Higher Man

John Sutherland

  • The Turner Diaries by ‘Andrew Macdonald’
    National Vauguard Books, 211 pp, $12.95, May 1978, ISBN 0 937944 02 5

The authorities are always interested in the assassin’s bookshelf. The Israeli police were quick to release the fact that Yigal Amir had a copy of The Day of the Jackal. Before Theodore Kaczynski, the likely ‘Unabomber’, had even been charged, the press had announced that one of his noms de guerre was ‘Conrad’ (the nom de plume of Teodor Korzeniowski) and that there was a copy of The Secret Agent on his bookshelf. In the Oklahoma bombing case, now being tried in Denver, the book in question is The Turner Diaries. The FBI, who have labelled William L. Pierce’s prudently pseudonymous novel ‘the bible of the racist right’, didn’t take long to leak the information that it accompanied Timothy McVeigh on his (alleged) bombing raid on 19 April 1995. Reference to The Turner Diaries was prominent in Rage and Betrayal, the highly prejudicial ABC programme of 12 April 1996, in which the newscaster Peter Jennings called McVeigh a ‘monster’ and cited passages from Pierce’s book. Parallels between bomb-making in The Turner Diaries and by McVeigh were made much of in Joseph Hartzler’s opening address to the jury. The only material evidence produced by the first witness for the prosecution, Charles Hanger, the state trooper who made the arrest, was the fact that, in addition to his gun and knife, McVeigh had in his yellow Mercury copies of a number of tendentious passages from The Turner Diaries (there was some conflict in press reports as to whether they were handwritten, xeroxed or merely highlighted in a copy of the book). Mention has been made of the book on virtually every day of the trial.

It is clear that McVeigh was infatuated with The Turner Diaries and equally clear that it is, prima facie, an incriminating book. According to a leaked ‘confession’, plausibly thought to have been acquired by the FBI while illegally bugging McVeigh’s consultations with his defence attorneys, and subsequently published in Playboy, McVeigh came across Pierce’s novel in 1987-8, just before he joined the US Army. It was, he recalls, a period when his ‘views of the world expanded’. He denies, however, that it was the racism or the survivalist politics which attracted him: ‘I read it as a gun-rights book.’ Ten years ago McVeigh was apparently in the habit of selling The Turner Diaries (then retailing at $10) half-price at gun shows, so keen was he to proselytise. One report has it that he ripped out and sent seven pages of the book to his young sister, Jennifer, just before the bombing. What she told Jennings was that her brother gave her the whole novel to read ‘several years ago’. This is evidently the family line: ‘I know he’s read it, I’ve read it. A lot of people say it’s a racist book. But the point of the book is not racism. The point is the Government taking control of people, taking their guns away.’ In her testimony on 5 May Ms McVeigh confirmed on oath that she had read The Turner Diaries at her brother’s repeated urgings. But now, as a principal prosecution witness (in return for immunity), she seemed less inclined to defend McVeigh’s favourite novel.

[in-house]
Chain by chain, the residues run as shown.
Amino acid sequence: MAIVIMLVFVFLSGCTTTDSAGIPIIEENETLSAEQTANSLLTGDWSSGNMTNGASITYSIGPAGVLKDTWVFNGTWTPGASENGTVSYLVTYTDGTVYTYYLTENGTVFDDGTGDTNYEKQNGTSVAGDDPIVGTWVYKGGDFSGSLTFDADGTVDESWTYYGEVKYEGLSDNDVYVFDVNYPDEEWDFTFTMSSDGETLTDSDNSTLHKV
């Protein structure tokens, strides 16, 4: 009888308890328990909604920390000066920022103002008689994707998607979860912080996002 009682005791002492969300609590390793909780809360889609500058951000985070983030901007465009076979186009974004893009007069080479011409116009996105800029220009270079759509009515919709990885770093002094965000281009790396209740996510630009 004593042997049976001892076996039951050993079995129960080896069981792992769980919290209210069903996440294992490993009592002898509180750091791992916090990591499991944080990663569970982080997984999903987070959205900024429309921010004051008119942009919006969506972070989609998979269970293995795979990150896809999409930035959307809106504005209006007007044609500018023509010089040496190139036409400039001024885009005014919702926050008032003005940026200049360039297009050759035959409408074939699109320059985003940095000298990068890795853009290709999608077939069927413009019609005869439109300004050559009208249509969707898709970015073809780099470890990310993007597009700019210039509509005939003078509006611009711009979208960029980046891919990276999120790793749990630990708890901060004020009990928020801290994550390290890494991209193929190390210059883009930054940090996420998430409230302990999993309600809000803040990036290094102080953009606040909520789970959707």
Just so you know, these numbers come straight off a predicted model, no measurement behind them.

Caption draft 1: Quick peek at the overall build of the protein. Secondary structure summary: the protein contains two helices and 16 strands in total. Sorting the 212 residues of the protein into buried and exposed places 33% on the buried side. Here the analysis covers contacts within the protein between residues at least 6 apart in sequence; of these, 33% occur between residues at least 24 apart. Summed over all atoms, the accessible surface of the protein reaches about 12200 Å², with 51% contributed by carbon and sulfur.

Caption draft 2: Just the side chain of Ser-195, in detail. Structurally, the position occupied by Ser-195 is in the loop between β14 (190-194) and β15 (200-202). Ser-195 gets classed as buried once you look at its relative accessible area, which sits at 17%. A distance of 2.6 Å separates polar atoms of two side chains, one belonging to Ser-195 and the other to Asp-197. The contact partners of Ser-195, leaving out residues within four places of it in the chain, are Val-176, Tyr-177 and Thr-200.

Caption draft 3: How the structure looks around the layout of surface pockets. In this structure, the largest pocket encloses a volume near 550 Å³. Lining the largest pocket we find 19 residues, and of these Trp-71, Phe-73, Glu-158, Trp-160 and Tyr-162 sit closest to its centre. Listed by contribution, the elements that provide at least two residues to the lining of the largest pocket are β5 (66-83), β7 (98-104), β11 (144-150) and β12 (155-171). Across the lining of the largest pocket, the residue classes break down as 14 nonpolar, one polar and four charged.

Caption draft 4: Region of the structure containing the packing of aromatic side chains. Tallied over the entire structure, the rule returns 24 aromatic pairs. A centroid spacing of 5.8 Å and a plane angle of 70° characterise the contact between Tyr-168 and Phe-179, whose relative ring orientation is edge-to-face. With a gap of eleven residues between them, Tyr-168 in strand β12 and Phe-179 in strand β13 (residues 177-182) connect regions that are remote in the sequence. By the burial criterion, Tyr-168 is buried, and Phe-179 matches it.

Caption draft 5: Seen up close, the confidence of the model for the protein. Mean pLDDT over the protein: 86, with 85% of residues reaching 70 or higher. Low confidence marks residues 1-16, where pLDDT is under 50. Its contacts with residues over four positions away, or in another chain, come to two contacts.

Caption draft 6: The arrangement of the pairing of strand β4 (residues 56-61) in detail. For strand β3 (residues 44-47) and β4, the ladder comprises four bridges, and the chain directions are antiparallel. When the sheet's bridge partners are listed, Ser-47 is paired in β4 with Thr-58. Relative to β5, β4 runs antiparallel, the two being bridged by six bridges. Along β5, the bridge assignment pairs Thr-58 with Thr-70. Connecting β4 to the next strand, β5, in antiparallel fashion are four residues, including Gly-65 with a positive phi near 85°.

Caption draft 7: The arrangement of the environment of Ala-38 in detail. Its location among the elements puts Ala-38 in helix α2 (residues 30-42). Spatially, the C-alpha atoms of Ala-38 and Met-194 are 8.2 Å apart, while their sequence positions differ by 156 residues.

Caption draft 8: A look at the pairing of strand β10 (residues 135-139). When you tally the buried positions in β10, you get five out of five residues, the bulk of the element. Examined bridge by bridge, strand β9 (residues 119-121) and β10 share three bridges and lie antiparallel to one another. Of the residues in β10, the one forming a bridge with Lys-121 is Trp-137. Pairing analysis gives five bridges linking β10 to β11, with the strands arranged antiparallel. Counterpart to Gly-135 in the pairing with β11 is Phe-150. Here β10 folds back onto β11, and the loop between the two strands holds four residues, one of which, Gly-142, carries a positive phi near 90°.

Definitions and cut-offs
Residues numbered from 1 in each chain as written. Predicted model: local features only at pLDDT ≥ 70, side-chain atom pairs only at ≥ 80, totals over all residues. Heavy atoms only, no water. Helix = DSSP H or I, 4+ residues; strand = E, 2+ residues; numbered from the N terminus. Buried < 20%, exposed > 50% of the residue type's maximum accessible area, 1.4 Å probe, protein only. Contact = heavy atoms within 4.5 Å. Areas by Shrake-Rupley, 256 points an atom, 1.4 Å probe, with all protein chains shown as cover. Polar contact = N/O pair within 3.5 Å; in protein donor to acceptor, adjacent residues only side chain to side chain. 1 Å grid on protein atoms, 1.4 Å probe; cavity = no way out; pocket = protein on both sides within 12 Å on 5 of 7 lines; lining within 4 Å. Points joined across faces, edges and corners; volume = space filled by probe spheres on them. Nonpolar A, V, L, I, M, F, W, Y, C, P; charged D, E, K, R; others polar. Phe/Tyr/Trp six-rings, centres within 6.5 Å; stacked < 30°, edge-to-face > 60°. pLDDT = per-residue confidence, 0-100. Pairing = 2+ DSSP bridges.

You can buy The Day of the Jackal or The Secret Agent at any bookshop. The Turner Diaries was first published 19 years ago, but until 1996 it could only be readily acquired by mail order, from William Pierce’s headquarters in West Virginia. As you would expect with a cult book, a limited number of copies of the illustrated first edition are still ‘available’ at not much under $100. A sub-standard paperback, the current printing is exorbitantly priced at $12.95 (plus $3, P&P). At least $10 of the purchase price represents a hefty subscription to Pierce’s neo-Nazi National Alliance. National Vanguard Books, Pierce’s publishing arm, claim that 198,000 copies had been sold by February 1995; after April that year sales must have made a meteoric ascent.

I don’t think the book could be published in Britain without violating the Race Relations Act. Last year an above-ground American publisher, Barricade Books, acquired the rights and brought out a trade edition at $12, tastefully timed to coincide with the anniversary of the explosion in the Murrah Building. There was outrage from the Anti-Defamation League, the American Jewish Committee and the Wiesenthal Center and self-respecting bookshops have boycotted it. I haven’t seen a copy anywhere: even survivalist bookshops seem to have run out. If you want The Turner Diaries and don’t want to buy an Uzi at the same time, mail order is still the easiest way to get it.

The Turner Diaries takes the form of a posthumous memoir by a foot soldier in the ‘Great Revolution’ of 1991-9 (i.e. well in the future when Pierce wrote the book). Earl Turner, an ordinary Joe Q. Public American, is politicised by the Washington DC ‘gun raids’ of September 1991. These have been sanctioned by the ‘Cohen Act’. Posses of deputised blacks (egged on by the Jewish-owned Washington Post) raid the homes of white people, seizing their weapons and violating the women (recent legislation has decriminalised rape and hard-drug use by African Americans).

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